View details for DOI 10.1016/j.jemermed.2019.03.051

    View details for PubMedID 31078346

  • Systematic Review: Rectal Administration of Medications for Pediatric Procedural Sedation. The Journal of emergency medicine Lam, S. H., Li, D. R., Hong, C. E., Vilke, G. M. 2018; 55 (1): 51-63


    Per rectum (PR) medication delivery is an alternative to traditional oral (PO), intravenous (IV), or intramuscular (IM) administration of medication for procedural sedation of pediatric emergency department patients. However, many emergency physicians are unfamiliar with its use, and there are no widely adopted guidelines or reviews dedicated to this topic.Our aim was to provide emergency physicians with an overview of PR procedural sedation medications in pediatric patients.We performed a PubMed literature search of relevant keywords limited to studies of human subjects published in English between January 1, 1990 and December 31, 2017. We excluded case reports, general review articles, editorial/opinion pieces, correspondence, and abstracts. Two of the authors then conducted a structured review of the selected studies.A total of 315 PubMed citations meeting the search criteria were found. Twenty-eight articles were included for final detailed review. Only 4 of the 28 included studies were conducted in the emergency department setting. A total of 9 different medications have been studied for PR procedural sedation. Sedation effectiveness ranged from 40% to 98%. No life-threatening complications were reported in any of the included clinical trials. Hypoxia was found to occur in up to 10% of those receiving PR sedation.Pediatric procedural sedation with PR medications appears to be feasible, moderately effective, and safe based on our review of the current literature. However, further studies on its applicability in the emergency department setting are needed.

    View details for DOI 10.1016/j.jemermed.2018.04.025

    View details for PubMedID 29805070

  • Synergy of Histone-Deacetylase Inhibitor AR-42 with Cisplatin in Bladder Cancer. The Journal of urology Li, D. R., Zhang, H., Peek, E., Wang, S., Du, L., Li, G., Chin, A. I. 2015; 194 (2): 547-55


    Cisplatin based chemotherapy regimens form the basis of systemic bladder cancer treatment, although they show limited response rates and efficacy. Recent molecular analysis of bladder cancer revealed a high incidence of mutations in chromatin regulatory genes, suggesting a therapeutic avenue for histone deacetylase inhibitors. We investigated the ability of the novel histone deacetylase inhibitor AR-42 to synergize with cisplatin in preclinical models of bladder cancer.We assessed the ability of the pan-histone deacetylase inhibitor AR-42 with and without cisplatin to destroy bladder cancer cells by survival and apoptosis assays in vitro, and by growth and differentiation in an in vivo xenograft model. We also assessed the response to the bladder cancer stem cell population by examining the effect of AR-42 on the CD44(+)CD49f(+) population with and without cisplatin. Synergy was calculated using combination indexes.The AR-42 and cisplatin combination synergistically destroyed bladder cancer cells via apoptosis and it influenced tumor growth and differentiation in vivo. When tested in the CD44(+)CD49f(+) bladder cancer stem cell population, AR-42 showed greater efficacy with and without cisplatin.AR-42 may be an attractive novel histone deacetylase inhibitor with activity against bladder cancer. Its efficacy in bladder cancer stem cells and synergy with cisplatin warrant further clinical investigation. Our in vitro and animal model studies provide preclinical evidence that AR-42 may be administered in conjunction with cisplatin based chemotherapy to improve the treatment of bladder cancer in patients.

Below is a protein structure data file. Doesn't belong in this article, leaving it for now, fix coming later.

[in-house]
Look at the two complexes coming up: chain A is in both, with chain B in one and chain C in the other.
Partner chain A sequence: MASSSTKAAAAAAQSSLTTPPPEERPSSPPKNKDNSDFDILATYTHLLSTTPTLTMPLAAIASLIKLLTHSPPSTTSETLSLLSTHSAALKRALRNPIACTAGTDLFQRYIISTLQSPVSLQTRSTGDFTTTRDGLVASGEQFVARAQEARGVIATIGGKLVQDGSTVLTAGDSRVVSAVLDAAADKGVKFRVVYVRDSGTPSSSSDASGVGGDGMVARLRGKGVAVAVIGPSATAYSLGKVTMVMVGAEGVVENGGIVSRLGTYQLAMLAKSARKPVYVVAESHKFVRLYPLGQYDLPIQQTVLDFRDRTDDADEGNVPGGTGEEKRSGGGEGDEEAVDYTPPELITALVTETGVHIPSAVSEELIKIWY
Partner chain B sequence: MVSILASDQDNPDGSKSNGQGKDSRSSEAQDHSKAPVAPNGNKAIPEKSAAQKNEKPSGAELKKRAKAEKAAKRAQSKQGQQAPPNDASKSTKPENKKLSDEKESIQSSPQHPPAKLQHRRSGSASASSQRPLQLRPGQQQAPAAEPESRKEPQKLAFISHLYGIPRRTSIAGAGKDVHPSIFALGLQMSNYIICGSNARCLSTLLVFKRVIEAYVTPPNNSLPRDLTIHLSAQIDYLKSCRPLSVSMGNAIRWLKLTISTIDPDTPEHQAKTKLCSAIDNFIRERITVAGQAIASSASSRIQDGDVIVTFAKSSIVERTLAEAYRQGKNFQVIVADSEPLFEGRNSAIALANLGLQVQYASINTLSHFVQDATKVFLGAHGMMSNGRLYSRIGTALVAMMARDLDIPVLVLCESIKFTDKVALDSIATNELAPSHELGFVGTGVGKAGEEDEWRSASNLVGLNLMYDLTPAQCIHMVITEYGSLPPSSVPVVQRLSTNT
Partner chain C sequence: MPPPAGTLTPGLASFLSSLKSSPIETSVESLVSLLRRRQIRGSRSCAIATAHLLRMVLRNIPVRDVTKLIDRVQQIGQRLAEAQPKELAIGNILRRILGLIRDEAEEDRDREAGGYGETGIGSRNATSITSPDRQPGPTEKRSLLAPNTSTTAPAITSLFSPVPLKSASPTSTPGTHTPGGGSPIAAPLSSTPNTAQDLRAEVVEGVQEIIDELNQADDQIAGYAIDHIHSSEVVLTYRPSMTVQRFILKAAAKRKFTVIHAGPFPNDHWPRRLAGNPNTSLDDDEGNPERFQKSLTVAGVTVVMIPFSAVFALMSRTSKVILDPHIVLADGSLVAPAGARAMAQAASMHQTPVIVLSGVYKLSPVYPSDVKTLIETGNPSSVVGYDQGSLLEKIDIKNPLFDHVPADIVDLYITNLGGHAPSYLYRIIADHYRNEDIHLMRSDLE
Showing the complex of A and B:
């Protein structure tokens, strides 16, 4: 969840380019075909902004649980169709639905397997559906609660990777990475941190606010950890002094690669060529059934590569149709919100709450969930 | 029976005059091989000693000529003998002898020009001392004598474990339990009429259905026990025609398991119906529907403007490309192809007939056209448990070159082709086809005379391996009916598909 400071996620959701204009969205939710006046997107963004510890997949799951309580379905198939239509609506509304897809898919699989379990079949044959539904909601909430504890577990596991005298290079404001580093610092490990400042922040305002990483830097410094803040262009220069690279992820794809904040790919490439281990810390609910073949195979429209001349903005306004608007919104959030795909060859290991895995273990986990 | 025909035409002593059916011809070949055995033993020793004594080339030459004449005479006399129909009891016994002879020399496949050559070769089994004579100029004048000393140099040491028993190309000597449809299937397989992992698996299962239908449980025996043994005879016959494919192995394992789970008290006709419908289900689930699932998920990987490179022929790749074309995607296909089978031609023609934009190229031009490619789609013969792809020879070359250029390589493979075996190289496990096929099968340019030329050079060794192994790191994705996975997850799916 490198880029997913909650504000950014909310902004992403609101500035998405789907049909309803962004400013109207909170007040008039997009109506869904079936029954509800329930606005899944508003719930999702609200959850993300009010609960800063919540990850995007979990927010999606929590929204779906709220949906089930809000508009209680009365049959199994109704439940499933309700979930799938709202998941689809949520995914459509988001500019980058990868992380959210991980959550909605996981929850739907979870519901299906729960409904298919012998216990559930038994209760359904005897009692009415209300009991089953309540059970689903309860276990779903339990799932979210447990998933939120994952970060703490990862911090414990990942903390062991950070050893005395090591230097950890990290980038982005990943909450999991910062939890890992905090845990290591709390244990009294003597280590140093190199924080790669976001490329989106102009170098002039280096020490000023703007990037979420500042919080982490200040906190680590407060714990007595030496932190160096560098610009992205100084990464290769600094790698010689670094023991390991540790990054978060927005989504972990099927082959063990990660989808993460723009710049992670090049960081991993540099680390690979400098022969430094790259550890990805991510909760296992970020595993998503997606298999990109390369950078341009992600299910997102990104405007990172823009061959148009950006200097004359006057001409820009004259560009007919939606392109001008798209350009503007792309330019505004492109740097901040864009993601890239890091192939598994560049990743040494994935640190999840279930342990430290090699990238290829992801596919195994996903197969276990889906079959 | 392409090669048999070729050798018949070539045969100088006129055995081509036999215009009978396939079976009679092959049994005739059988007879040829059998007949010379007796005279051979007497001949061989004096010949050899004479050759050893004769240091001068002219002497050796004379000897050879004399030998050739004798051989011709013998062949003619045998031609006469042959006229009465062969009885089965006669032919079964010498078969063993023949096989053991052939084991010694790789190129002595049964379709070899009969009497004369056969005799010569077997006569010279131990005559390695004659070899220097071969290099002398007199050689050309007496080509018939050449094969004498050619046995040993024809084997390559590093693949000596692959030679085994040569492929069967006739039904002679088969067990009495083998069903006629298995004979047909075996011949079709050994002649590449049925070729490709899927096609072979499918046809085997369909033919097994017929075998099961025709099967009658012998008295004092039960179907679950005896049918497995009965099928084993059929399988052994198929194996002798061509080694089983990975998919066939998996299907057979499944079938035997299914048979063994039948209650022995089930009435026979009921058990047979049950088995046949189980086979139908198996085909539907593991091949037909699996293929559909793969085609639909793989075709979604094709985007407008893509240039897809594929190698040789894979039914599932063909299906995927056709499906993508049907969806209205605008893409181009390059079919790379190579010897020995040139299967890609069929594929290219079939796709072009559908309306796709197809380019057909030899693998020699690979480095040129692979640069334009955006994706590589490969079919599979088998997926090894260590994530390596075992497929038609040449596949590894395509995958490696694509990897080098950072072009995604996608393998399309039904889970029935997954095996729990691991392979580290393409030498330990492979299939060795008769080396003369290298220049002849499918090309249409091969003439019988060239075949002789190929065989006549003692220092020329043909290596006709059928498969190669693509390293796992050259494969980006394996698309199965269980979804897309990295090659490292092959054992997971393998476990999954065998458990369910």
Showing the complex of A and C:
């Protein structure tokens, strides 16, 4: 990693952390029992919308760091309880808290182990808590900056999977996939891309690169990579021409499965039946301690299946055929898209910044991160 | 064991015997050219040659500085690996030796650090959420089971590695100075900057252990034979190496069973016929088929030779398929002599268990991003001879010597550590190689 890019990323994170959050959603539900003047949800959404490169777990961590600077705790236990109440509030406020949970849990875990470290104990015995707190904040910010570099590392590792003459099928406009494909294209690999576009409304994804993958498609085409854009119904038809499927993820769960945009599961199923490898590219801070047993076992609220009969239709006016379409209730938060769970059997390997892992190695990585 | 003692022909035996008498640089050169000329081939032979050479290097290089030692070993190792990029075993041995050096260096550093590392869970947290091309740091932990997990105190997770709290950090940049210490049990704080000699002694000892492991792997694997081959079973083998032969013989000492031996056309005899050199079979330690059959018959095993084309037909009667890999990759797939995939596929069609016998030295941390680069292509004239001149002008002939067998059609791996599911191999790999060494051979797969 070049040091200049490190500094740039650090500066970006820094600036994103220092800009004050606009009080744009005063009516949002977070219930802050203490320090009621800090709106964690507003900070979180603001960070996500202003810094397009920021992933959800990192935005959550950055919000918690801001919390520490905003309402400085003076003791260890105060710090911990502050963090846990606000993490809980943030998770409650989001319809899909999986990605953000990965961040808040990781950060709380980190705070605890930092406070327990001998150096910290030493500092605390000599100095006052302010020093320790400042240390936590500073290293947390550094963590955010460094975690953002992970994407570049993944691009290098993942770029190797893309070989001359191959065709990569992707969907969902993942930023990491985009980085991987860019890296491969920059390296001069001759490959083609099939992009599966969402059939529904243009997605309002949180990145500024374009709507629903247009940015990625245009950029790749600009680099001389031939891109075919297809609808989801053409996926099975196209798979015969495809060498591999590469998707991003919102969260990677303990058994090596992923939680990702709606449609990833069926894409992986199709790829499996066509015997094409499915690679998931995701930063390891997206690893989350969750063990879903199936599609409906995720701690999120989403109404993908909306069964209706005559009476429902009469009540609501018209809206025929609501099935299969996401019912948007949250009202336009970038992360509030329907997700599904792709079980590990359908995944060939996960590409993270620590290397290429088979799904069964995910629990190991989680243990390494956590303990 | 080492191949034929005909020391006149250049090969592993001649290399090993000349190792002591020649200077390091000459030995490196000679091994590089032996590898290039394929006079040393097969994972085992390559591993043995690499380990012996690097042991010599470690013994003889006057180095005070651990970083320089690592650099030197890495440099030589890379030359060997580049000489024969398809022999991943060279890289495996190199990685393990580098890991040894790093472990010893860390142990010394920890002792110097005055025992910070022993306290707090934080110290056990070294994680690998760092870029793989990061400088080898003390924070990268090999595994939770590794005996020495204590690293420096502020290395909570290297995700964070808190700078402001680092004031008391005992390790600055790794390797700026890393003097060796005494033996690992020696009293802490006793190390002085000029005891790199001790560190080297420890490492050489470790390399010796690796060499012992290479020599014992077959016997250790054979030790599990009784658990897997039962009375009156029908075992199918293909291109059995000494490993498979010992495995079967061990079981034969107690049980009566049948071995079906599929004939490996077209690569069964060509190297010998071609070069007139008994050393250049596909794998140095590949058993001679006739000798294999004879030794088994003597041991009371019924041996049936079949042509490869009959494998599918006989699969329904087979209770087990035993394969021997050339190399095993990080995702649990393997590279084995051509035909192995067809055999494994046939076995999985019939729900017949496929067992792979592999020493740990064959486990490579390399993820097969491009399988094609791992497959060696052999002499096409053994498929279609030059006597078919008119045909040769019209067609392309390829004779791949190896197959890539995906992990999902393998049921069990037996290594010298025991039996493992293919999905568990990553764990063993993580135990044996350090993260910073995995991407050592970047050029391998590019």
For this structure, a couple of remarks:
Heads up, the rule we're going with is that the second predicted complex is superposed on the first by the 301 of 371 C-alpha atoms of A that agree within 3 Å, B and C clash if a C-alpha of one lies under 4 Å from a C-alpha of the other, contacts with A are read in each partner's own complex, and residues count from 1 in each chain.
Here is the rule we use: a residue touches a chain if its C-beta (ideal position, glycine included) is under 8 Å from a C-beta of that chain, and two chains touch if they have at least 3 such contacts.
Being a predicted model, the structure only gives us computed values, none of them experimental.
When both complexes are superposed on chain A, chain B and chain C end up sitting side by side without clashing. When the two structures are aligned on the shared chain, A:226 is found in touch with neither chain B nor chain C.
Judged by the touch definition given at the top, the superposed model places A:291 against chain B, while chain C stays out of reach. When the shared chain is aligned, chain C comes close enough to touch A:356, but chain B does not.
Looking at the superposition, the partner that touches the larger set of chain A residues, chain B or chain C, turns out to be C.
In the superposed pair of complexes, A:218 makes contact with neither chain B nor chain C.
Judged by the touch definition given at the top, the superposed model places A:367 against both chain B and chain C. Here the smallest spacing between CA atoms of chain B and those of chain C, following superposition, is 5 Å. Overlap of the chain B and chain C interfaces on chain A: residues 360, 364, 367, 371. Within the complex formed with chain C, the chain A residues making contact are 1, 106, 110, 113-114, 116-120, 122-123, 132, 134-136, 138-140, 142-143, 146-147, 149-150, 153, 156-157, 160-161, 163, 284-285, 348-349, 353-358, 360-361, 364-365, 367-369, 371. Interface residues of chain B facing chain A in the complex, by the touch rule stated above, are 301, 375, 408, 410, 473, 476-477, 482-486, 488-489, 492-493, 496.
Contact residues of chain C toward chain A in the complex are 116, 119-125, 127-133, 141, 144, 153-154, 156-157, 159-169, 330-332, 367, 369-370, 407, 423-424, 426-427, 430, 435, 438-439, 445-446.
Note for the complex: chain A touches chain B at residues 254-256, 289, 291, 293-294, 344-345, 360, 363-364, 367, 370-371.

View details for DOI 10.1016/j.juro.2015.02.2918

    View details for PubMedID 25748177

    View details for PubMedCentralID PMC6371809

  • Stromal modulation of bladder cancer-initiating cells in a subcutaneous tumor model. American journal of cancer research Peek, E. M., Li, D. R., Zhang, H., Kim, H. P., Zhang, B., Garraway, I. P., Chin, A. I. 2012; 2 (6): 745-51


    The development of new cancer therapeutics would benefit from incorporating efficient tumor models that mimic human disease. We have developed a subcutaneous bladder tumor regeneration system that recapitulates primary human bladder tumor architecture by recombining benign human fetal bladder stromal cells with SW780 bladder carcinoma cells. As a first step, SW780 cells were seeded in ultra low attachment cultures in order to select for sphere-forming cells, the putative cancer stem cell (CSC) phenotype. Spheroids were combined with primary human fetal stromal cells or vehicle control and injected subcutaneously with Matrigel into NSG mice. SW780 bladder tumors that formed in the presence of stroma showed accelerated growth, muscle invasion, epithelial to mesenchymal transition (EMT), decreased differentiation, and greater activation of growth pathways compared to tumors formed in the absence of fetal stroma. Tumors grown with stroma also demonstrated a greater similarity to typical malignant bladder architecture, including the formation of papillary structures. In an effort to determine if cancer cells from primary tumors could form similar structures in vivo using this recombinatorial approach, putative CSCs, sorted based on the CD44(+)CD49f(+) antigenic profile, were collected and recombined with fetal bladder stromal cells and Matrigel prior to subcutaneous implantation. Retrieved grafts contained tumors that exhibited the same structure as the original primary human tumor. Primary bladder tumor regeneration using human fetal bladder stroma may help elucidate the influences of stroma on tumor growth and development, as well as provide an efficient and accessible system for therapeutic testing.

    View details for PubMedID 23226620

    View details for PubMedCentralID PMC3512189